In its June report, ‘We Will Destroy Everything’, Amnesty International named 13 individuals who played key roles in the atrocities against the Rohingya
World leaders’ failure to act has allowed the Myanmar security forces’ perpetrators of crimes against humanity to remain at large for a year after their murderous campaign against the Rohingya, Amnesty International has said.
In a statement issued on Friday, the international rights group said it had documented extensively how the Myanmar military offensive against the Rohingyas in the Rakhine state amounted to ethnic cleansing.
The offensive was launched on August 25 last year.
“This anniversary marks a shameful milestone. By its continued failure to hold to account those responsible for crimes against humanity, the international community risks sending the message that Myanmar’s military will not only enjoy impunity but will be allowed to commit such atrocities again. We must not let this happen,” said Tirana Hassan, crisis response director at Amnesty International.
“A year on, hundreds of thousands of Rohingya women, men, and children who fled this highly orchestrated attack are still in limbo in refugee camps in Bangladesh. As long as their tormentors in Myanmar’s security forces remain at large, any notion that Rohingya refugees can have a safe, dignified and voluntary return home is farcical.”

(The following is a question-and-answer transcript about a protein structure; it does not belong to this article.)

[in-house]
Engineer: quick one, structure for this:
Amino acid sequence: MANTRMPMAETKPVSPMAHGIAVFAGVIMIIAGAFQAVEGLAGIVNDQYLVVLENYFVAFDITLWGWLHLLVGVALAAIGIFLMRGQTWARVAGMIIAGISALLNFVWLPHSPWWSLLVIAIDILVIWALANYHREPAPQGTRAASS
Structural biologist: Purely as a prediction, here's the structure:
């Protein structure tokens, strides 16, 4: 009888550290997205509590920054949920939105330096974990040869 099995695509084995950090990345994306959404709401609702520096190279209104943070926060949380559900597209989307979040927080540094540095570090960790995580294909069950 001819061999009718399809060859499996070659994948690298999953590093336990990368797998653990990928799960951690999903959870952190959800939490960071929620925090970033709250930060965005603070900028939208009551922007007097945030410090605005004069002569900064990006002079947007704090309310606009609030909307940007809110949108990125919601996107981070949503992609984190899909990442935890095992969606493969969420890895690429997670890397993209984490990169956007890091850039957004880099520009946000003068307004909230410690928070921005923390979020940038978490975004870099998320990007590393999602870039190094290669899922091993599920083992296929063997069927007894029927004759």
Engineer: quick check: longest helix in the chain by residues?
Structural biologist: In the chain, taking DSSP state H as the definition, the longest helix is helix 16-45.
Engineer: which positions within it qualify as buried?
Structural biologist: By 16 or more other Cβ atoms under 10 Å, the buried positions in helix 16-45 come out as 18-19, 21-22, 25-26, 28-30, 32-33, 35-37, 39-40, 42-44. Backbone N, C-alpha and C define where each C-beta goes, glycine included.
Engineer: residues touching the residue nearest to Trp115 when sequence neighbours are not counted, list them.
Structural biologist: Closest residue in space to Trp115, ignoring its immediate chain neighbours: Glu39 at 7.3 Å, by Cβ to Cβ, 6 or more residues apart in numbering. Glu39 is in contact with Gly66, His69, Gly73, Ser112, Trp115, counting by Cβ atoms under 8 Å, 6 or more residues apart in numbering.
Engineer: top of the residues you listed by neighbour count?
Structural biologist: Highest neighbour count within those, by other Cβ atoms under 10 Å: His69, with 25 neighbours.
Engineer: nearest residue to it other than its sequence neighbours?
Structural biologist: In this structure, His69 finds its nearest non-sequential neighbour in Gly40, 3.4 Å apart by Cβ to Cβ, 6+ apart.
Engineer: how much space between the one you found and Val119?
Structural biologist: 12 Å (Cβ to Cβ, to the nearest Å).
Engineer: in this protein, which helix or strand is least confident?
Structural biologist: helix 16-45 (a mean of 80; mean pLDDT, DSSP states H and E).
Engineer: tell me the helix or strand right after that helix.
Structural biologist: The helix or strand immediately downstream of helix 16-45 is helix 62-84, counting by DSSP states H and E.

In June, UN agencies and the government of Myanmar signed a Memorandum of Understanding, described as a "first step" towards the repatriation of Rohingya refugees from Bangladesh.
But Amnesty said serious reforms are needed in northern Rakhine State for any future repatriations to be viable.
It said the Myanmar military’s vicious response to the August 2017 ARSA attacks came in the context of years of institutionalized discrimination and segregation amounting to apartheid – a crime against humanity.
“Having Rohingya refugees return from overcrowded camps in Bangladesh to what has been essentially an open-air prison in Rakhine State is not a viable option. States around the world must push for Myanmar to dismantle its system of apartheid and allow Rohingya and all other ethnic minorities to enjoy their rights to nationality and freedom of movement,” said Tirana Hassan.
“Lack of political will, not a lack of evidence, is at the root of the international community’s inaction. It is undeniable that Myanmar’s security forces committed crimes against humanity against the Rohingya. But while the international community drags its feet deciding what to do about it, vital evidence risks disappearing or being destroyed,” she said.
In its June report, ‘We Will Destroy Everything’, Amnesty International named 13 individuals – including Myanmar’s Commander-in-Chief Senior General Min Aung Hlaing – who played key roles in the atrocities against the Rohingya.
The organization recommended concrete steps to hold them and others accountable – including a UN Security Council referral of the situation to the International Criminal Court and the establishment of an international mechanism to collect and preserve evidence for use in future criminal proceedings.
While the European Union, Canada and the United States have announced targeted sanctions against some of the alleged perpetrators in recent months, much more needs to be done urgently at the UN to ensure accountability.
“When the UN Human Rights Council and General Assembly meet next month, strong, decisive action is needed to pave the way for justice for the Rohingya and for ethnic minorities in northern Myanmar. The UN Security Council must urgently refer the situation to the International Criminal Court – the threat of veto power is no excuse for inaction. This critical opportunity cannot be missed,” Tirana said.